should be sitting for a minimum of five minutes. The patient
should not be on any adrenergic stimulants, such as those
found in many cold medications.
When taking manual
measurements, the person taking the measurement should be
careful to inflate the cuff suitably above anticipated
systolic pressure. A stethoscope should be placed lightly
over the brachial artery. The cuff should be at the level of
the heart and the cuff should be deflated at a rate of 2 to
3 mmHg/s. Systolic pressure is the pressure reading at the
onset of the
sounds described by
Korotkoff (Phase one). Diastolic pressure is then
recorded as the pressure at which the sounds disappear (K5)
or sometimes the K4 point, where the sound is abruptly
muffled. Two measurements should be made at least 5 minutes
apart, and, if there is a discrepancy of more than 5 mmHg, a
third reading should be done. The readings should then be
averaged. An initial measurement should include both arms.
In elderly patients who particularly when treated may show
orthostatic hypotension, measuring lying sitting and
standing BP may be useful. The BP should at some time have
been measured in each arm, and the higher pressure arm
preferred for subsequent measurements.
BP varies with time of day,
as may the effectiveness of treatment, and
archetypes used to record the data should include the
time taken. Analysis of this is rare at present.
Distinguishing primary vs.
Once the diagnosis of
hypertension has been made it is important to attempt to
exclude or identify reversible (secondary) causes.
Over 90% of adult
hypertension has no clear cause and is therefore called
essential/primary hypertension. Often, it is part of the
metabolic "syndrome X" in patients with insulin resistance:
it occurs in combination with diabetes mellitus (type 2),
combined hyperlipidemia and central obesity.
In hypertensive children most cases are secondary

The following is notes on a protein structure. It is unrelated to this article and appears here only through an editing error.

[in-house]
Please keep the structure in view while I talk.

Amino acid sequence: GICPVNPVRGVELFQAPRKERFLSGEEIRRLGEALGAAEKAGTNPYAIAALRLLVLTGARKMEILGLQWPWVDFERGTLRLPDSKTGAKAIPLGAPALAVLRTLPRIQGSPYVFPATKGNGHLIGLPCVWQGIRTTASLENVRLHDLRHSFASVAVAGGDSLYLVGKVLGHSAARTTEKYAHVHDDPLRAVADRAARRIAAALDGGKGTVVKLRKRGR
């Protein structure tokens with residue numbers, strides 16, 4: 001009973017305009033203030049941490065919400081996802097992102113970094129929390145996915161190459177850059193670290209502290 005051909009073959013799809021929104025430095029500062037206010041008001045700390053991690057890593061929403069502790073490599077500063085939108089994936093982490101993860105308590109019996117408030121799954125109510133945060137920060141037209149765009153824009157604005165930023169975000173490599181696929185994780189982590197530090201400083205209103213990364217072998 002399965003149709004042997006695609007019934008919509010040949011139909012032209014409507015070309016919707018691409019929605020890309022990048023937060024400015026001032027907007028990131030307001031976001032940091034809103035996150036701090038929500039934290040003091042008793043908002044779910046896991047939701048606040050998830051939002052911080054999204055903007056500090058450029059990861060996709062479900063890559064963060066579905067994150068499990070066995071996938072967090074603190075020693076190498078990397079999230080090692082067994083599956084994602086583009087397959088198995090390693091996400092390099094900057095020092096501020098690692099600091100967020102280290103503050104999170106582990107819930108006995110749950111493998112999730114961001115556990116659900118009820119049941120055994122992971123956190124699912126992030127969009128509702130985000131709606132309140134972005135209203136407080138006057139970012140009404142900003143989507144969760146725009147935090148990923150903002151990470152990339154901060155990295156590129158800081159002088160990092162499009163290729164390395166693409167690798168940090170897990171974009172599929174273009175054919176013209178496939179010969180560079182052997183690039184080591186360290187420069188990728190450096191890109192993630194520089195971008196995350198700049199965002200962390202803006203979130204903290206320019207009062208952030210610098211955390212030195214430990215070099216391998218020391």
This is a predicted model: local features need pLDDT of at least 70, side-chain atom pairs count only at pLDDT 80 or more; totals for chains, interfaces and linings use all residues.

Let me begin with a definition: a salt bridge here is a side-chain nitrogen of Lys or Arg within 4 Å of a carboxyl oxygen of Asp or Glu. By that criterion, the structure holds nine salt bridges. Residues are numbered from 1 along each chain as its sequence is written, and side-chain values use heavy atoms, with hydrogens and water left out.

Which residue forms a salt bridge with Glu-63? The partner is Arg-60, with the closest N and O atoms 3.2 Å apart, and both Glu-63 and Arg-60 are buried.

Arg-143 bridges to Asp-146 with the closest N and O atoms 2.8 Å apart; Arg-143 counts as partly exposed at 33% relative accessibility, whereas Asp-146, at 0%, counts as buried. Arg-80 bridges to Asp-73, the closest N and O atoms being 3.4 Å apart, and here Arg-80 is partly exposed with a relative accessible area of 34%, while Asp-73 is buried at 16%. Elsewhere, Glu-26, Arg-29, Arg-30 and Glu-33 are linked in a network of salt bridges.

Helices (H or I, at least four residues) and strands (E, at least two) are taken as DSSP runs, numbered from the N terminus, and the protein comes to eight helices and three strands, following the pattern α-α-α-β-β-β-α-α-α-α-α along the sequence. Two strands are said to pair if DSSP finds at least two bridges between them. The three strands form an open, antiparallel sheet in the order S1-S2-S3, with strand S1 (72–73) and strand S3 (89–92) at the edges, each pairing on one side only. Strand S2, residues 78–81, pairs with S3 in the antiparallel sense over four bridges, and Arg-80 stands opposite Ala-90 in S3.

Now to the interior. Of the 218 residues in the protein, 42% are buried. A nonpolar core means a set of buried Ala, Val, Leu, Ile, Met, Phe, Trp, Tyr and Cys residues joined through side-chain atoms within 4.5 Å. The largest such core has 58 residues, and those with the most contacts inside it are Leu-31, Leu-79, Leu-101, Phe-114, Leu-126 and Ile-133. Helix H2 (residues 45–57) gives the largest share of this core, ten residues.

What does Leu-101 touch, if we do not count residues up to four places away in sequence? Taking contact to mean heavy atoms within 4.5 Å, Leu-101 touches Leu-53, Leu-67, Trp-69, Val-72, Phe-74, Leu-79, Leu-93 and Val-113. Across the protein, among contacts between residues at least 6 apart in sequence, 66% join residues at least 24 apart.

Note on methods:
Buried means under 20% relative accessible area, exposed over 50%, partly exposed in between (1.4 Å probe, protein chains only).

hypertension, and the cause should be pursued diligently.
commonly performed in a newly diagnosed hypertension patient
Creatinine (renal function)
Electrolytes (sodium, potassium)
Glucose (to identify diabetes mellitus)
The level of blood pressure
regarded as deleterious has been revised down during years
of epidemiological studies. A widely-quoted and important
series of such studies is the
Framingham Heart Study carried out in an American town:
Framingham, Massachusetts. The results from Framingham
and of similar work in
Busselton, Western Australia have been widely applied.
To the extent that people are similar this seems reasonable,
but there are known to be genetic variations in the most
effective drugs for particular sub-populations. Recently (2004),
the Framingham figures have been found to overestimate risks
for the UK population considerably. The reasons are unclear.
Nevertheless the Framingham work has been an important
element of UK health policy.
Doctors recommend weight loss
and regular exercise as the first steps in treating mild to
moderate hypertension. These steps are highly effective in
reducing blood pressure, but easier to suggest than to
achieve, and most patients with moderate or severe
hypertension end up requiring indefinite drug therapy to
bring their blood pressure down to a safe level.